Napa Valley mourns death of its ubiquitous rose gardener

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Napa Valley mourns death of its ubiquitous rose gardener

Johns Rose Garden For Sale

From the March 3, 2000 FAMILY section of The Napa Valley Register by The Register Staff
(The original article has been edited to correct some minor inaccuracies.)

NAPA
A rose by any other name, might have been named John Dallas. Mr. Dallas, 81, who was Napa Valley's ubiquitous rose gardener, died February 27, 2000. And with him, the pleasure his open garden brought to hundreds of visitors each spring. John's Rose Garden, which consisted of about 1-1/2 acres, will no longer be open to the public, according to his son Russell Dallas.

The public has been visiting John's Rose Garden free of charge for 27 years. The peak time for visitors to experience the blooming showcase of blossoming roses was from late April until early June. The family hopes to be able to keep the garden going so they can open one day around this time each year in memory of the man who loved roses.

Mr. Dallas taught at Napa Valley College and also Solano Community College, where he was a landscape instructor. John Dallas was one of the founders of the North Bay Rose Society and he belonged to several rose organizations, said Gary Sampson, a friend, fellow nursery worker and horticulturist. Sampson first met Mr. Dallas when he went to work in the nursery business in the 1960s.

"I think John might have come from an English background. That might be part of the reason he loved roses so much," Sampson said. "He was such a good resource person and a great rosarian. He was a real genuine person. His door was always open. John's Rose Garden blossomed into more than 500 rose varieties over the years. Antique roses were one of his specialties, long before they became popular with people again".

Some of John's roses have significant historical value. One came from Bulgaria and was used to make perfume. And there is the Old China Rose, which was crossed with a European rose in the 1800s. Some of Mr. Dallas' favorite roses include the Royal Sunset Rose, because of its large orange-apricot petals and smell. He always entered his roses in the Napa Valley Fair every summer. However, according to his son Larry, "The only time Dad entered cut roses in any form of competition was when he wanted to show a student how to select roses for display."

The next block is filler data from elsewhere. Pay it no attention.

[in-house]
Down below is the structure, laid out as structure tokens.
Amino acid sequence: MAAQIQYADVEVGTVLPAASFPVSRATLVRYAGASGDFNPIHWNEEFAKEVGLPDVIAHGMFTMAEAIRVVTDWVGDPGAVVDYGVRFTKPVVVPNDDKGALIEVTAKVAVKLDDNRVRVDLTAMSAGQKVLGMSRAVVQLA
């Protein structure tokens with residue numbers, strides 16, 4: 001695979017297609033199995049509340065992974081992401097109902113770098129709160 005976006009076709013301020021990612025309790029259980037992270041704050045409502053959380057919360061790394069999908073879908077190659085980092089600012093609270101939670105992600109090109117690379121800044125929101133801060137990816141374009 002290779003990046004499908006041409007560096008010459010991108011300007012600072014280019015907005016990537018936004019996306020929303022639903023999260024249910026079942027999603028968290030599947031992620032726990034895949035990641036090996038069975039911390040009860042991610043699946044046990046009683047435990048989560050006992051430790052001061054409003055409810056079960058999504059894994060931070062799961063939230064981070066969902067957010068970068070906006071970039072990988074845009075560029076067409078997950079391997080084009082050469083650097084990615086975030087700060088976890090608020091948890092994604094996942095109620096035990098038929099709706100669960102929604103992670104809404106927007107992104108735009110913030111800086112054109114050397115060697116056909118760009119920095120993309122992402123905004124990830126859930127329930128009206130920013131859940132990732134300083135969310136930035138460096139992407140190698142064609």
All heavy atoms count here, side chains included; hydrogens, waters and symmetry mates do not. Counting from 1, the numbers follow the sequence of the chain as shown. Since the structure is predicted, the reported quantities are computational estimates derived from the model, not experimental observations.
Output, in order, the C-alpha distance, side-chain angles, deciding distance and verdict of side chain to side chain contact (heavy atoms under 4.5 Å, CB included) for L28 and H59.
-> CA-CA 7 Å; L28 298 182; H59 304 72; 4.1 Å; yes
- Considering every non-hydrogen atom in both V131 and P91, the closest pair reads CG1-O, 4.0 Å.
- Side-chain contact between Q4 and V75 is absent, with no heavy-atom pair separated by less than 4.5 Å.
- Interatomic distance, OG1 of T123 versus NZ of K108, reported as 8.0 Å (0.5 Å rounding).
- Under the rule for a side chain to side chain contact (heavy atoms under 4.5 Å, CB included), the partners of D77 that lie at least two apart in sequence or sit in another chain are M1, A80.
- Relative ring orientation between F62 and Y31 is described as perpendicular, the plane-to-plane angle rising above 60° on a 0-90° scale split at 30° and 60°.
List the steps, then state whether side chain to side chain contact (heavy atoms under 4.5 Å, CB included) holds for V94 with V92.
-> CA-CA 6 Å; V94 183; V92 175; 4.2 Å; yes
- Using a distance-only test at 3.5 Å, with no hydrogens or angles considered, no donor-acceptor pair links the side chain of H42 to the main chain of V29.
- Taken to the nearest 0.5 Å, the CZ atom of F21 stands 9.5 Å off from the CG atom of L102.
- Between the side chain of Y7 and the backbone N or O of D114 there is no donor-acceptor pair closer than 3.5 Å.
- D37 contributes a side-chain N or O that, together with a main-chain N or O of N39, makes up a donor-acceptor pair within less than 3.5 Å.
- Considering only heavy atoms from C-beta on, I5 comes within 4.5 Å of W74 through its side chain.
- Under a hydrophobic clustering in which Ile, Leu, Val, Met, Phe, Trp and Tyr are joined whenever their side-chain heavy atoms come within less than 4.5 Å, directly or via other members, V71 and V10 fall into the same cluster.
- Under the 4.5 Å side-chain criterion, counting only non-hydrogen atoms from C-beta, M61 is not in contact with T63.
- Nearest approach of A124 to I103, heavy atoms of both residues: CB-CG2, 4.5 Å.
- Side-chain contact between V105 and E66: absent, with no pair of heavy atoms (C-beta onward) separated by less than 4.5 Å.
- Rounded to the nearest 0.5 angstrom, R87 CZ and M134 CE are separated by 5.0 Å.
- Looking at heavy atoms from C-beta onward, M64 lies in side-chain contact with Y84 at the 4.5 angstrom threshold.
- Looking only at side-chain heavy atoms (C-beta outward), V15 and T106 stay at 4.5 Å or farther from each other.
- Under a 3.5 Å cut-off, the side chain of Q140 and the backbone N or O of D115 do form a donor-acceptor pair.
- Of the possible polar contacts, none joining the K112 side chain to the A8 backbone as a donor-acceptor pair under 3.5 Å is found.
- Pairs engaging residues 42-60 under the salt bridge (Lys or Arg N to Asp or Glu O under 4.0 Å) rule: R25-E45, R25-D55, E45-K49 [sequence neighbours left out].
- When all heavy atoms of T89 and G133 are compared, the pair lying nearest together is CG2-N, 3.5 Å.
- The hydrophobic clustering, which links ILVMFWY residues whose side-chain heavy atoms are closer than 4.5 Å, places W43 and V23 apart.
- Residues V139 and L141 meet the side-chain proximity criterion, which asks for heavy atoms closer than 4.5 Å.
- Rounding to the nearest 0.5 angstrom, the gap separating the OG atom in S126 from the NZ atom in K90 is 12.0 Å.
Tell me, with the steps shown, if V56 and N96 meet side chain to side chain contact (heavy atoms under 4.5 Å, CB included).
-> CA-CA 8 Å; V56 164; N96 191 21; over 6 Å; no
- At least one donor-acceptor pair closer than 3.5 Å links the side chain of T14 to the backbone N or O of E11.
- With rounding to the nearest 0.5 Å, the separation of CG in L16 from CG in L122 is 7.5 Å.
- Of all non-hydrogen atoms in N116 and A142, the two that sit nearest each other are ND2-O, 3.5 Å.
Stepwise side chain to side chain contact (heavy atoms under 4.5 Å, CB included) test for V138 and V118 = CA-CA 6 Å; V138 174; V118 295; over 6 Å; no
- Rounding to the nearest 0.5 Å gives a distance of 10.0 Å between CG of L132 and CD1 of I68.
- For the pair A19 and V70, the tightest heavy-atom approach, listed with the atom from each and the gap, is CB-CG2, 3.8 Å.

Napa Valley College President Diane Carey Woodruff said John and his wife were very supportive of the college. The Dallas family has established the John's Rose Garden scholarship fund at NVC. "We're already receiving calls from people wishing to donate to the scholarship fund," Carey Woodruff said. "What a great tribute to someone like John."

NVC Pesident Woodruff also has fond memories of John's rose garden. "I've enjoyed the garden so much. It's just one of the most beautiful places in the Napa Valley. "You could tell John had such a love of roses and gardening. He created a paradise. You could tell it was a labor of love for him. I wish it could remain open to the public," Carey Woodruff added. "I'll really miss him. He was a wonderful. His dedication to his roses and garden are an inspiration to me everytime I went out there."

Napa County Board of Supervisor Brad Wagenknecht recalled his first memories of the roses when his father, who was a friend of Mr. Dallas, took him to John's Rose Garden. "It was a wonderful place to go. It was a wonderful resource for Napa Valley," Brad Wagenkenecht said.

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